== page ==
Friday, October 8, 2010

KeFactors Fridays: What signals are you sending?

Organizations spend tens of thousands of hours and dollars developing eloquent customer care messages—and then overlook simple details, often in plain sight.

One of my clients went to visit a new vendor at their offices. She knew it was a small business (but of long history); since they handled high-volume mailing operations, she didn’t expect a plush setting. And, like many businesses, they proudly stated on website and collaterals that for over 50 years, customers came first.

But let’s review what she experienced.

Upon entering, she smiled slightly to see the lobby sign that welcomed her by name. Nice touch—and one she’d seen other vendors use.

The receptionist, however, stared blankly back at her when she gave her name, and the name of her appointment. (“He’s still out to lunch, but I’ll leave him a voicemail to let him know you’re here.”) ….My client sat down in the lobby and returned calls on her cell. A group of employees came back from lunch and lingered in the lobby, laughing and joking loudly—no one greeted her, asked if she needed help, nor seemed to observe that she was trying to talk on the phone.

She decided to freshen up in the restroom, which was a little unsettling—an overfilled wastebasket, trash on the floor, empty soap dispenser, and a damp, skimpy roll of toilet paper. She mentioned it to the receptionist, whose response was an indulgent smile — “Oh” — but not much else.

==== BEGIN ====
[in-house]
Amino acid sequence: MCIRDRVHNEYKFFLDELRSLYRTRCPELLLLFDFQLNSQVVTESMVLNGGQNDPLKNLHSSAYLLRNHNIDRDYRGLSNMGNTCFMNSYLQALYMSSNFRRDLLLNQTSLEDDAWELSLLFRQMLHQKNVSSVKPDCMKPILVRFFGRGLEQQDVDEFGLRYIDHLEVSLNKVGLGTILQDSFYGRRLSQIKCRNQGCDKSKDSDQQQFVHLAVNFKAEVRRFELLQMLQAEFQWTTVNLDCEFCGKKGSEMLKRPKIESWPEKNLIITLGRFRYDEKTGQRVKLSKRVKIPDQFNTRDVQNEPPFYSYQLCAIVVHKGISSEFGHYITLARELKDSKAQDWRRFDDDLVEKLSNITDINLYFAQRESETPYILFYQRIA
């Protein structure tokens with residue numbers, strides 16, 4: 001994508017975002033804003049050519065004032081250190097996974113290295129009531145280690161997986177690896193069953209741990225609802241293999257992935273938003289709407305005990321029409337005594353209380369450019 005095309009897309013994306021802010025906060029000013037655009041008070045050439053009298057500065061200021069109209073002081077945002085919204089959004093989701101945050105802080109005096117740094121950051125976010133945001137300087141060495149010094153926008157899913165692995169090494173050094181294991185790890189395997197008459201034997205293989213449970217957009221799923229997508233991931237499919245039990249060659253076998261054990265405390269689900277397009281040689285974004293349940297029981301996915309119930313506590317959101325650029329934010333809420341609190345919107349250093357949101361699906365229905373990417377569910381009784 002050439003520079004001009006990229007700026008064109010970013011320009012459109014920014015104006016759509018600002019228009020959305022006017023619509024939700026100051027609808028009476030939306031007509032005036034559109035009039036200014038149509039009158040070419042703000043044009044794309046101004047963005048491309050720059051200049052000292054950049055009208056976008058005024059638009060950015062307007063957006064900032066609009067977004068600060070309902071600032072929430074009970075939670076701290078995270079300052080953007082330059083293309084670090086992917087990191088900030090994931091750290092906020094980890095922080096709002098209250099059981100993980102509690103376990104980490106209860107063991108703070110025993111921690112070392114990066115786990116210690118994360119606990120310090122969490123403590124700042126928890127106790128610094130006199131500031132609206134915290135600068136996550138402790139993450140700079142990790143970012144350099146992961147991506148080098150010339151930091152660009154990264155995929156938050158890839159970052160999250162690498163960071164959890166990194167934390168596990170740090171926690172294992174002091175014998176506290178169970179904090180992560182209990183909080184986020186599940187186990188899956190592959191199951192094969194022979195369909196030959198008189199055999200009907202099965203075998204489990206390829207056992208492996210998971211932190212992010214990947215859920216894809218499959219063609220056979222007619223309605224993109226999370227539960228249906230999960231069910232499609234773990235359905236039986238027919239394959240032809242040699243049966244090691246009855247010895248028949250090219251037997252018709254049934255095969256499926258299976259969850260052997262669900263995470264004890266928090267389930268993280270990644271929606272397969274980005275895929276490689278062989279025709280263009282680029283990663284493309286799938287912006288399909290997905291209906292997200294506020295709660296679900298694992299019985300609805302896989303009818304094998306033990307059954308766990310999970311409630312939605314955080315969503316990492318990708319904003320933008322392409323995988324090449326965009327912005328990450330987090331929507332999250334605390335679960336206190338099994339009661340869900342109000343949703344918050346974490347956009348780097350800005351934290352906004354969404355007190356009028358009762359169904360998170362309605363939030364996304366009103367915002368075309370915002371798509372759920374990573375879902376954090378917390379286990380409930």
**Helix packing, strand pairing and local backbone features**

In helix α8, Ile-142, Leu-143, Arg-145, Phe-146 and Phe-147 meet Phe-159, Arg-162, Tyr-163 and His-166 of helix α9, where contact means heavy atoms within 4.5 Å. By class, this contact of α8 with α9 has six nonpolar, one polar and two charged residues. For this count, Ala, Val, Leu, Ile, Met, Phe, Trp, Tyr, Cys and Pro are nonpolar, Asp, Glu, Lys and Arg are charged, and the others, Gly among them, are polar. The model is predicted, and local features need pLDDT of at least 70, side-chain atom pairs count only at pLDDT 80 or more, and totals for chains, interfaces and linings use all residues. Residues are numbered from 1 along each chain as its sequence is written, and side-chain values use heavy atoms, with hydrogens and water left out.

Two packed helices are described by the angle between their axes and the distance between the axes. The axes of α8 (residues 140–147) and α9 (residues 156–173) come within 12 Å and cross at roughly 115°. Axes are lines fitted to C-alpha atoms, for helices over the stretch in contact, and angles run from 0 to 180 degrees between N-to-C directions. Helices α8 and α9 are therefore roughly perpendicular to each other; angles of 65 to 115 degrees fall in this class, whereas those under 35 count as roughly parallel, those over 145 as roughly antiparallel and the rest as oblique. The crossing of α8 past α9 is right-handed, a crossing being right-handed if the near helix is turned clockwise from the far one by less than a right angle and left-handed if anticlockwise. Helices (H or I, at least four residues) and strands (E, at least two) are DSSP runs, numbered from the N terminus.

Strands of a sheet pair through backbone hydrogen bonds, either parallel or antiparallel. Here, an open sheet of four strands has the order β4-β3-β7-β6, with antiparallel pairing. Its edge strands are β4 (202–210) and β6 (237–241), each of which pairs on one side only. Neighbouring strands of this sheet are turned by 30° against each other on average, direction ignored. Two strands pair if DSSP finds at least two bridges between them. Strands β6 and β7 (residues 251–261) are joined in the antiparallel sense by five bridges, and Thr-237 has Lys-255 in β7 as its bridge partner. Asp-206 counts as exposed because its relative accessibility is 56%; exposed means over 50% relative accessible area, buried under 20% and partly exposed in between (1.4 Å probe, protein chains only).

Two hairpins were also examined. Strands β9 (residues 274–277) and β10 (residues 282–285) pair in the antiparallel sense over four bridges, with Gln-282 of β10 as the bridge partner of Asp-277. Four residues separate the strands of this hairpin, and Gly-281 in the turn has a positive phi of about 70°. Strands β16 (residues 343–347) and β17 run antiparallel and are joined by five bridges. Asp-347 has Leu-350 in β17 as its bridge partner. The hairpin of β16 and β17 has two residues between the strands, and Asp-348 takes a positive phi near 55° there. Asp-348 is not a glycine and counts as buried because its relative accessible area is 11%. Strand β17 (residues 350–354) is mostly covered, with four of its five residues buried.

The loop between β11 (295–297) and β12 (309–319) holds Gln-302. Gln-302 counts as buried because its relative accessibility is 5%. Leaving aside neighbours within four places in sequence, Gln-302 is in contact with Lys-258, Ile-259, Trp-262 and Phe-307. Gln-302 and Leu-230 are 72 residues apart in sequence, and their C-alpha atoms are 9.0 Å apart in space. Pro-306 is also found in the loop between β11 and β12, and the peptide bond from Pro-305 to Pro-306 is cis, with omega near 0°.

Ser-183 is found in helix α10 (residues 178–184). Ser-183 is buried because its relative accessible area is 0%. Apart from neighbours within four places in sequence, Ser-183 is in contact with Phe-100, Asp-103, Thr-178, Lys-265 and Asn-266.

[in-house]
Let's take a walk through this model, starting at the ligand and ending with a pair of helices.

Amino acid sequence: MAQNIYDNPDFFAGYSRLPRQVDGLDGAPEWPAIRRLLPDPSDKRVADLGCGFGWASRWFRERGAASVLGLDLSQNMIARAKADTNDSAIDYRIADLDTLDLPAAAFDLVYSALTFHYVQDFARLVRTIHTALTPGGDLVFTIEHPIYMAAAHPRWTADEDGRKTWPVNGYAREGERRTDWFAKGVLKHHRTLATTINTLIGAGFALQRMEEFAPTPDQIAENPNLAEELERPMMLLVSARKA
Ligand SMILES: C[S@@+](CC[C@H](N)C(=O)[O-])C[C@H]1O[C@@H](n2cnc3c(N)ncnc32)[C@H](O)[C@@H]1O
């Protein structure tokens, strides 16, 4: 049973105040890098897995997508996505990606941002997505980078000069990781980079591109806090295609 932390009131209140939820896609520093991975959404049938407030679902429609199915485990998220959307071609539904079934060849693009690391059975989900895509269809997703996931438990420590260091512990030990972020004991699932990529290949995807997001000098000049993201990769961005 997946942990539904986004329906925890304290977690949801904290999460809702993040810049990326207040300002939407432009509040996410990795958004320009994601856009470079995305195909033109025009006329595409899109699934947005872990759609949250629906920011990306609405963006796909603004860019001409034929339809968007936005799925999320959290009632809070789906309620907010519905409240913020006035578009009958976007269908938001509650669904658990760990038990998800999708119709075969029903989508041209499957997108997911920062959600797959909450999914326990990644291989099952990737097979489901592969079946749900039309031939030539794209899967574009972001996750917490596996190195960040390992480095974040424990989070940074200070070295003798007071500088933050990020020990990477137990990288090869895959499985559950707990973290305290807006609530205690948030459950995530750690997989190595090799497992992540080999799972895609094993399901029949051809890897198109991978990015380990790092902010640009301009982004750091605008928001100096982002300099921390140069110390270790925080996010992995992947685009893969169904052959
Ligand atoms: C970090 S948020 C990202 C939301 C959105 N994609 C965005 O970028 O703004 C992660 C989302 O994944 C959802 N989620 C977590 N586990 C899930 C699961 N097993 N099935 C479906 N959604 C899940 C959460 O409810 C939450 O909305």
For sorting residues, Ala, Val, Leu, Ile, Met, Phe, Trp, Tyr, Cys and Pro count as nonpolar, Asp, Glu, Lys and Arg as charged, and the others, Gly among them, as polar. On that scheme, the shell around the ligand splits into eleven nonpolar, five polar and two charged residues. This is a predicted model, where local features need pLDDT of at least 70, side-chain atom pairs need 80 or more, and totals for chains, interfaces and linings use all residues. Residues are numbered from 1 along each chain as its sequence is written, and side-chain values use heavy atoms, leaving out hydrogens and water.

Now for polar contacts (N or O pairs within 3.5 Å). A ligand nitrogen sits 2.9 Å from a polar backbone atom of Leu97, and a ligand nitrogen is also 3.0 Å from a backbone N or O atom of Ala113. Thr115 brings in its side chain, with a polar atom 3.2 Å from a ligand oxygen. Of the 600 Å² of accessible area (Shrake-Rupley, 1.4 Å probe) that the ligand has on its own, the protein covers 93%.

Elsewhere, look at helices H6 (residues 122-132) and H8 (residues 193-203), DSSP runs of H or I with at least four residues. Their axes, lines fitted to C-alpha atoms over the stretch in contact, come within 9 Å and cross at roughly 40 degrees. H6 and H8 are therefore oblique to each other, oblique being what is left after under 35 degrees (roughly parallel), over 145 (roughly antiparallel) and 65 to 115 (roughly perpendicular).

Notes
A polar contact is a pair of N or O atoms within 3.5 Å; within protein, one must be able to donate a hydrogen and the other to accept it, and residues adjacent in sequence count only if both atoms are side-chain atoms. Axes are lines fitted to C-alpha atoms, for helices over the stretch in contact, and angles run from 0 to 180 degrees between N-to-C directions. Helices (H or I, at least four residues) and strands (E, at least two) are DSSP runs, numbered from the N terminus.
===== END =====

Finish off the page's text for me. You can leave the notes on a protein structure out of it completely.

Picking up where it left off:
Her appointment showed up, only a little late, and they had a pleasant meeting.

Upon leaving, she stepped into the parking lot just in time to see an employee empty a full ashtray of cigarette butts from his car onto the pavement. He gave her a wink and she left.

A week later, when she and her boss sat down with me to review vendor proposals, her appraisal ran like this: “Yes, they do have a long history in the business and their price isn’t bad, but….” Fortunately, her boss trusted her gut instincts and let her process her thoughts. “I’m not sure their service attitude is companywide. They seemed to think that repeating the customer care motto was evidence enough, but I’m not so sure. Don’t ask me how I came to that, it’s just something I picked up on while I was there.”

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